- In re Software Toolworks, Inc. Securities Litigation, 50 F.3d 615 (9th Cir. 1994), cert. denied, 516 U.S. 907 (1995). Mr. Alderman represented the Securities Industry Association as amicus curiae in support of the affirmance of summary judgment for underwriters on due diligence defense.
- In re Worlds of Wonder Securities Litigation, 814 F. Supp. 850 (N.D. Cal. 1993), aff’d in part, rev’d in part, 35 F.2d 1407 (9th Cir. 1994), cert. denied, 516 U.S. 868 (1995). Mr. Alderman represented the lead underwriters in defense of class actions alleging federal securities claims and common law claims arising out of a US$120 million IPO. He represented the sole underwriter in defense of a similar class action arising out of an US$80 million public offering of convertible debentures. In both cases, he defended against open market trading claims. Summary judgment for the underwriters was affirmed on appeal.
The following cases illustrate some of Mr. Alderman’s other areas of expertise in securities matters.
- Unfair Competition Litigation. Mr. Alderman has won more than 20 recent class and private attorney general actions under Section 17200 of the California Business & Professions Code on behalf of such clients as Citigroup, Salomon Smith Barney, Morgan Stanley and Verizon.
- Private Finance Litigation. In Z Auction v. Salomon Smith Barney (Los Angeles County Superior Court 1999-2001), Mr. Alderman represented the investment banker in defense of a US$1 billion claim for damages arising out of a private financing engagement and obtained dismissal of entire case with prejudice on demurrer.
- Merger and Acquisition Litigation. In Medtronic v. Dieck (Arbitration 1998-99), Mr. Alderman represented 10 former shareholders of an acquired company in defending a demand by the acquirer for rescission of US$72 million merger. He obtained summary judgment and an award of attorney’s fees from an arbitration panel.
- Customer Litigation. In Estate of Joslyn v. Estate of Cash (NASD arbitration 1999 - 2001). Mr. Alderman represented a broker-dealer in defense and favorable settlement of a claim that the customer suffered US$16 million in damages from unsuitable investments.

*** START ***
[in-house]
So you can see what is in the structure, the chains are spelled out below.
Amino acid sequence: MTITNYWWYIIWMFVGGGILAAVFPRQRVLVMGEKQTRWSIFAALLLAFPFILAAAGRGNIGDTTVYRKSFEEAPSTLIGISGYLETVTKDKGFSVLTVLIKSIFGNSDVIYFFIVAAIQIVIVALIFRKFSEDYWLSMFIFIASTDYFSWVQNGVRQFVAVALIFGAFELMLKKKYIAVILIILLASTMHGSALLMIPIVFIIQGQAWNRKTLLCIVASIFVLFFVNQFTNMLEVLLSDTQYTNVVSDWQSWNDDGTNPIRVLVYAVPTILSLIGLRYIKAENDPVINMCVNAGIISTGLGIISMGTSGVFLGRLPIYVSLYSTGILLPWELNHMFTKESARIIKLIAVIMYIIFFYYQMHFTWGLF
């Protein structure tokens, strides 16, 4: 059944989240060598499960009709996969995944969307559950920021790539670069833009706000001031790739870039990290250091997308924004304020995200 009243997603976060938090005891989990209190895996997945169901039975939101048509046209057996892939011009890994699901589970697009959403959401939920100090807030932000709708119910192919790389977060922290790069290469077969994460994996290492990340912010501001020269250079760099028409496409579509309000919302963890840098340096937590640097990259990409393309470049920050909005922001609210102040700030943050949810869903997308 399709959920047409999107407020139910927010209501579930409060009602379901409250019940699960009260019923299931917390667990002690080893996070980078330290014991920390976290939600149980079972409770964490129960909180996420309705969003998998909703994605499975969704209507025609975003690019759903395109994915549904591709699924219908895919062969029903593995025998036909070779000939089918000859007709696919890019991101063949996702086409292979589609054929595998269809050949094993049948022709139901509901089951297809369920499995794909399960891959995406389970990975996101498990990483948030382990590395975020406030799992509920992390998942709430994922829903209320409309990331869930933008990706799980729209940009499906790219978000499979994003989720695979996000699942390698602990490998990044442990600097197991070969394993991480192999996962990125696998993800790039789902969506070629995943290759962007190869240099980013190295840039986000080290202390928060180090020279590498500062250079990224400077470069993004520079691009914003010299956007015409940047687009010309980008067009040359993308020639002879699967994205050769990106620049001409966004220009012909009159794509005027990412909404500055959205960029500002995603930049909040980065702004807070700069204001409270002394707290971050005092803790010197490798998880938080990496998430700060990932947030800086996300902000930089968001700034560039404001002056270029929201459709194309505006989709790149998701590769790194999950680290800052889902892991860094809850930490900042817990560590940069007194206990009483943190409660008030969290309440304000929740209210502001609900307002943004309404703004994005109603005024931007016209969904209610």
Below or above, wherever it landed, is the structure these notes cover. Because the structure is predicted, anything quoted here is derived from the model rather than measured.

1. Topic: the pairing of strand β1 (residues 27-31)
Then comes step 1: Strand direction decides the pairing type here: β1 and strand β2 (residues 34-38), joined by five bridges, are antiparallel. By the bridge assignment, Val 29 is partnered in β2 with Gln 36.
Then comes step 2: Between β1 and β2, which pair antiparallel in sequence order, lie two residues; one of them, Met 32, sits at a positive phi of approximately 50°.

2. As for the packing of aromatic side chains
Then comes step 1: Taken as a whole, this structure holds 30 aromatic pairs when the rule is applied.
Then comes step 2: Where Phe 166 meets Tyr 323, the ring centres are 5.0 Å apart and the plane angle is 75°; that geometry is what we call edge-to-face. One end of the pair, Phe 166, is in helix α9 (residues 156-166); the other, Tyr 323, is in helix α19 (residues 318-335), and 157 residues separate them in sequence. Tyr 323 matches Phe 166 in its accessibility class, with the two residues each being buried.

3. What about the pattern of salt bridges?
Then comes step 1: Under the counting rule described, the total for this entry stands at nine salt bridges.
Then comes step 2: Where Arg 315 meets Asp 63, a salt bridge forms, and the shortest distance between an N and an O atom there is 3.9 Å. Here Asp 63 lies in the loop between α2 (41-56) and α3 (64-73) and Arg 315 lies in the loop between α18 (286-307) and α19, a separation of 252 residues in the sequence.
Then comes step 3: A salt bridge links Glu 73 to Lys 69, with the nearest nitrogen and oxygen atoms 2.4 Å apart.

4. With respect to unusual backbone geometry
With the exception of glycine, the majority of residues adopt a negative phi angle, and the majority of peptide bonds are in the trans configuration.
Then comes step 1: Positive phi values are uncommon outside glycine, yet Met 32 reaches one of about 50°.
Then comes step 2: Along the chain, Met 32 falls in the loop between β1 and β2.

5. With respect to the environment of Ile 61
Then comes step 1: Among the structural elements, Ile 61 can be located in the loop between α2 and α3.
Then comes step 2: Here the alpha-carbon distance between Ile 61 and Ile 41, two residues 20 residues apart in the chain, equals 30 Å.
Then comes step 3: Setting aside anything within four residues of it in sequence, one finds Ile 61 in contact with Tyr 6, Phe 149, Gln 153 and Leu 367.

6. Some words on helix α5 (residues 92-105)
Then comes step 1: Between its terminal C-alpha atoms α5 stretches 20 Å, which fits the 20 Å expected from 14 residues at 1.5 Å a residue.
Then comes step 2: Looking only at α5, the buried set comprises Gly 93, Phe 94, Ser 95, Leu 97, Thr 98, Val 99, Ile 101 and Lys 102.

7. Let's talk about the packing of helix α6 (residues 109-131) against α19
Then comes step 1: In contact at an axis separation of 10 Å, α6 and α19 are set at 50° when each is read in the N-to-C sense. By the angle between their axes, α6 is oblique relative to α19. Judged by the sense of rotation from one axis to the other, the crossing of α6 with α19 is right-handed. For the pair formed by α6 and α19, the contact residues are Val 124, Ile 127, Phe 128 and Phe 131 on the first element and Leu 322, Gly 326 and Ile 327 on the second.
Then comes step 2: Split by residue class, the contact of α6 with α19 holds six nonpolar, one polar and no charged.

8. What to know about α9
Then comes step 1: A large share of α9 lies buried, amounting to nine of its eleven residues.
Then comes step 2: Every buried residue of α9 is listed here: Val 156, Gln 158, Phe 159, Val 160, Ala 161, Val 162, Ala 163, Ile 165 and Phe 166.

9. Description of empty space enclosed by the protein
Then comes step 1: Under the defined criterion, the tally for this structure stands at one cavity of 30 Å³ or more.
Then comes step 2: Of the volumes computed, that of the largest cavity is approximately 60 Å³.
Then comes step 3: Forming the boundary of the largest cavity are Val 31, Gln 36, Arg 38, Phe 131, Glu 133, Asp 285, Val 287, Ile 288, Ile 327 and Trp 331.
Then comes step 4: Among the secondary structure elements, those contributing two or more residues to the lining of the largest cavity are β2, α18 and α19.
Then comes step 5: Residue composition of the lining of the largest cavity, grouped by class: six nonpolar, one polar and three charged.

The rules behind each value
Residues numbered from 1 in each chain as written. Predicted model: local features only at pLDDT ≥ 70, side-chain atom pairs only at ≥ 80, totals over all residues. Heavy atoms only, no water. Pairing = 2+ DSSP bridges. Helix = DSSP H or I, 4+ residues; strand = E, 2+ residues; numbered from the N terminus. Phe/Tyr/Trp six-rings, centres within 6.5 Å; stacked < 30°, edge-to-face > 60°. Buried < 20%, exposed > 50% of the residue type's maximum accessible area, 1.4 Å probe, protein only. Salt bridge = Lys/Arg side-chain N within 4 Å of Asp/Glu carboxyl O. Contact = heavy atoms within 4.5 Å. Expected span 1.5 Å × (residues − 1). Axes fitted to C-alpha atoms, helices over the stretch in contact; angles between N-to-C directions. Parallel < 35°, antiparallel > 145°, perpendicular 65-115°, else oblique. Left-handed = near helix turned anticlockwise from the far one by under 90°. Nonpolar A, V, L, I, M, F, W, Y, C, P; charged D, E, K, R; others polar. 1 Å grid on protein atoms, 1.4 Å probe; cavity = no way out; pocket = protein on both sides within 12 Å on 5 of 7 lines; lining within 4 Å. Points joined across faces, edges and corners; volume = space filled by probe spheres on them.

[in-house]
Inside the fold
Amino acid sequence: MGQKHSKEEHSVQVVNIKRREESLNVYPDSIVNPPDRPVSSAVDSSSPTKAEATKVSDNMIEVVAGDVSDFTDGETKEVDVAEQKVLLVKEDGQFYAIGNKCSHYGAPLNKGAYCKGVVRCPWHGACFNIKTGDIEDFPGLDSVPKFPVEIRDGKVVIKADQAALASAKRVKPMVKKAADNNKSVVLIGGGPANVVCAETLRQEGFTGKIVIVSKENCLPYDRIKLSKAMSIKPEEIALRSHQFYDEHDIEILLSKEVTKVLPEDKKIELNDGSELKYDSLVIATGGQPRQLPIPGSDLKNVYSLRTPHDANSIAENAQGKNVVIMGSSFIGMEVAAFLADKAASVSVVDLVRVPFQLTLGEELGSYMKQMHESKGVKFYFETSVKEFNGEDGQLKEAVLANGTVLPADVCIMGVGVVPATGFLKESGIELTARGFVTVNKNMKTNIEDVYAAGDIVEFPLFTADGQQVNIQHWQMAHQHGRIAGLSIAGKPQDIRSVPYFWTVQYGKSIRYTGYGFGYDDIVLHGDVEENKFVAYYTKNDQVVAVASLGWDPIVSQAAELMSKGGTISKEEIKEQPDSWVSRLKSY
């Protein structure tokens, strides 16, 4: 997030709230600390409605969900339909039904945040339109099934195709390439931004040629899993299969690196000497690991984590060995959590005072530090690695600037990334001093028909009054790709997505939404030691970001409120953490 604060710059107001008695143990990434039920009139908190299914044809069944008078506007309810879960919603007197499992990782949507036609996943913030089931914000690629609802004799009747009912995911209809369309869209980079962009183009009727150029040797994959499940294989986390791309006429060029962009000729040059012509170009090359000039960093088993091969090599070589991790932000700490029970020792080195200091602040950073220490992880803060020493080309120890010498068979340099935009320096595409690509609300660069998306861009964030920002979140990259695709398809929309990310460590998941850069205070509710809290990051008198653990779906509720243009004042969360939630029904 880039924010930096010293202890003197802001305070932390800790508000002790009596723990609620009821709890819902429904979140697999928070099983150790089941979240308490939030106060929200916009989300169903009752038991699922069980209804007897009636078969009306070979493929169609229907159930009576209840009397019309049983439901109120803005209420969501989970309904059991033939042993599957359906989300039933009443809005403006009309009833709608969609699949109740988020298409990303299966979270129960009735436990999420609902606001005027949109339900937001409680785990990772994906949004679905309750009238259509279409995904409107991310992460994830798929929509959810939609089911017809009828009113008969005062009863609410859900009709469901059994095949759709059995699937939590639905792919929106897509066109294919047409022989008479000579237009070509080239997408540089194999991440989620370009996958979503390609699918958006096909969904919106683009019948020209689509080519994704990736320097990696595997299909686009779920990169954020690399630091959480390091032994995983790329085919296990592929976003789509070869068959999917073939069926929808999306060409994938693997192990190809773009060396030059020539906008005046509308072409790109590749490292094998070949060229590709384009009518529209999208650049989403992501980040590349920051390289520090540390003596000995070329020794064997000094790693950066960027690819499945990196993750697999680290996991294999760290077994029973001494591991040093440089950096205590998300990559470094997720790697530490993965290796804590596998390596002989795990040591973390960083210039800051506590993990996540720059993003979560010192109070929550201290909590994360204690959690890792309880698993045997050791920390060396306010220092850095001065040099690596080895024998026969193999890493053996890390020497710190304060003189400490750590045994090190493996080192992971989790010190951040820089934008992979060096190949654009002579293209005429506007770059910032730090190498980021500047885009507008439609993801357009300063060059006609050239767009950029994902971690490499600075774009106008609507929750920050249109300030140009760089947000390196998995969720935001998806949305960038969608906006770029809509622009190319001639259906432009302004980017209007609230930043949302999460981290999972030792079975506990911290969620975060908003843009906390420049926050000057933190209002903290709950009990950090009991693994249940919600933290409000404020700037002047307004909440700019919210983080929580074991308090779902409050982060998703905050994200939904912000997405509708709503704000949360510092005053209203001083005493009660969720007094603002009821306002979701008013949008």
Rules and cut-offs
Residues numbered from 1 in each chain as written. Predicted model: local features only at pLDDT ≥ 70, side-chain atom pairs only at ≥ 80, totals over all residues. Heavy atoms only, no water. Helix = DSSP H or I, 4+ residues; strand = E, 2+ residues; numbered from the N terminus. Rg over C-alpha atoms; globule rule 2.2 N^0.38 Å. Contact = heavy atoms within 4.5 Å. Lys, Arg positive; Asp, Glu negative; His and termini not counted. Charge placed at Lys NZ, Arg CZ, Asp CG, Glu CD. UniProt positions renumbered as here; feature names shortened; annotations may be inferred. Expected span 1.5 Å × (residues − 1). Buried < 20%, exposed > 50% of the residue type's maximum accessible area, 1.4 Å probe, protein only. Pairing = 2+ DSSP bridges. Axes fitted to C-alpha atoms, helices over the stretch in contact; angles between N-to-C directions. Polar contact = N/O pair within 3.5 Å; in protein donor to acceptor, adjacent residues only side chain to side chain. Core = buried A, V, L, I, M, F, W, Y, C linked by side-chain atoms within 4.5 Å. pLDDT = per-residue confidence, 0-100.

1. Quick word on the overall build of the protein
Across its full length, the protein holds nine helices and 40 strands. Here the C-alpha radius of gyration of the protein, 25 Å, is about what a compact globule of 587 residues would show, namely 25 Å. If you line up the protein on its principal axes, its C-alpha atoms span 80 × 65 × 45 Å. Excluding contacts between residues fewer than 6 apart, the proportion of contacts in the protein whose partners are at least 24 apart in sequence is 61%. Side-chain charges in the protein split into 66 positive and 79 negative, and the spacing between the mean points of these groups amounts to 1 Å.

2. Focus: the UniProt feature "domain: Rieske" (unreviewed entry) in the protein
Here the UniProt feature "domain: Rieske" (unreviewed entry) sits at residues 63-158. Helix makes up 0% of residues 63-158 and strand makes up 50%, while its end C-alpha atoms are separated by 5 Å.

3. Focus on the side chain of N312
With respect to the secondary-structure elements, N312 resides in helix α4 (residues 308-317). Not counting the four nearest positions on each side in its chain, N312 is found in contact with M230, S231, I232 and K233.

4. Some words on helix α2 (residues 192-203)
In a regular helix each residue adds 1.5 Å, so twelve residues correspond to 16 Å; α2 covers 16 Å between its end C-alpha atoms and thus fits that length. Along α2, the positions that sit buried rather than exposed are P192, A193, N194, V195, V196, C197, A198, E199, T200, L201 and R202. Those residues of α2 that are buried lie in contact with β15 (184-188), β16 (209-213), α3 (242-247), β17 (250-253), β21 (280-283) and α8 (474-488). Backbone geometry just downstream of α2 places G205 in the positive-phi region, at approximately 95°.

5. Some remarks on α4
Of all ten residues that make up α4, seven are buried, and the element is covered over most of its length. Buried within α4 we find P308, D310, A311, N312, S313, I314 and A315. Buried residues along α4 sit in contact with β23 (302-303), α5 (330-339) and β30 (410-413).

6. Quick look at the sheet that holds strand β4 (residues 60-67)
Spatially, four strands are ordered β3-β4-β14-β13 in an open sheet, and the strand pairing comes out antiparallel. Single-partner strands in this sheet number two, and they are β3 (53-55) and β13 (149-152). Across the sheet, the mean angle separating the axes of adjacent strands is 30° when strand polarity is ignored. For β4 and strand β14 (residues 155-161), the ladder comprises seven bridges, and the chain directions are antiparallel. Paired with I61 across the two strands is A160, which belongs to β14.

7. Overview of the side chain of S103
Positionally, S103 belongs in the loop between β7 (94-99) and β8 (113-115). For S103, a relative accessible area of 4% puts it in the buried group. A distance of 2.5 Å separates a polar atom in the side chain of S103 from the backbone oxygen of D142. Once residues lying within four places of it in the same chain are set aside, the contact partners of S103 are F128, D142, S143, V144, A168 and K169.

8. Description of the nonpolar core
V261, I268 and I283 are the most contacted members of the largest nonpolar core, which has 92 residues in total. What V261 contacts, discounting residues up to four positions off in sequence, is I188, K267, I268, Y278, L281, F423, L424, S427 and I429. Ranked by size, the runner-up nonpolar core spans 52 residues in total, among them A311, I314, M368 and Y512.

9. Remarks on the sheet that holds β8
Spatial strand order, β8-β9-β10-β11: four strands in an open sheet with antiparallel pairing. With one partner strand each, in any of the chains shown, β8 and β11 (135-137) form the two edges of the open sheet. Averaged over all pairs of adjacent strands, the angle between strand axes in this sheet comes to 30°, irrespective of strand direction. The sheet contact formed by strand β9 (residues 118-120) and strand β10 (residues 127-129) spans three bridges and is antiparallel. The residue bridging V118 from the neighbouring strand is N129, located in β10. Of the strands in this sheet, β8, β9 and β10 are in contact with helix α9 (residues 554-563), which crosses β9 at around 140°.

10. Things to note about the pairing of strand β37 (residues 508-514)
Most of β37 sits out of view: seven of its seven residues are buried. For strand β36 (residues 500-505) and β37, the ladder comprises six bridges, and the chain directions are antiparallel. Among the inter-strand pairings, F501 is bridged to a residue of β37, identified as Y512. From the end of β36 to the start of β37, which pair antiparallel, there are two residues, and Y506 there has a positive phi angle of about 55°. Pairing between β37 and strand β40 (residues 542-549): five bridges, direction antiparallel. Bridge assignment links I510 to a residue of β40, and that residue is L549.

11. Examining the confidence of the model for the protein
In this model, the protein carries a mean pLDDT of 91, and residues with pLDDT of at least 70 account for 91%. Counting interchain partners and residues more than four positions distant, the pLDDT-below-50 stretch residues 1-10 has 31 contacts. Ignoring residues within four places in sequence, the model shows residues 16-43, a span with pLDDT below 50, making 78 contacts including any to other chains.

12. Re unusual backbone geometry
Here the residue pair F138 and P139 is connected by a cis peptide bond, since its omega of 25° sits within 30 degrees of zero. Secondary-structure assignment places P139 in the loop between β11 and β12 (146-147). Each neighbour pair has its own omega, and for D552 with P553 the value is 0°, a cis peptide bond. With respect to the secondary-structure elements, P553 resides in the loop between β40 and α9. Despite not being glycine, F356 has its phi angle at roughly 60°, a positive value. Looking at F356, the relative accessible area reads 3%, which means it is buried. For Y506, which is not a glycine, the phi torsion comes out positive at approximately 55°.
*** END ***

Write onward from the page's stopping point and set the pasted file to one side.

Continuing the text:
- Fiduciary Litigation. In Rutledge v. Smith Barney (D. Haw. 1998-99), Mr. Alderman represented the financial advisor in obtaining a dismissal with prejudice of ERISA and common law claims based on services to union trust funds.
- Intra-company Disputes. Mr. Alderman has represented numerous companies and/or shareholders in resolving disputes between majority and minority shareholders.
- Partnership Disputes. Mr. Alderman has represented numerous partnerships and their constituencies in disputes over partnership or general partner action.
- Tender Offer Litigation. Mr. Alderman has represented both offerors and offerees in federal and state litigation relating to corporate or partnership tender offers.
- Regulatory Investigations. Mr. Alderman has represented clients in numerous public and non-public investigations and informal inquiries by the SEC, NASD, NYSE, AMEX, PCX and FINRA: In 2004 and 2005, he represented clients in producing documents and/or testimony to the SEC in nine separate matters, without any having resulted in enforcement action.
- Advisory Litigation. In Nicolino v. Automated Security (Holdings) plc (Contra Costa Superior Court; Court of Appeal 1997-98), Mr. Alderman represented the financial advisor in obtaining the dismissal of a claim for alleged breach of acquisition agreement. Dismissal of the case was affirmed on appeal.
- Internal Investigations. Mr. Alderman has conducted internal investigations and represented special committees or audit committees for clients such as Salomon Smith Barney, Gap Inc., Restoration Hardware, Walt Disney Co., Onyx Software, Calypte Biomedical, Harper Group and Wells Fargo Bank.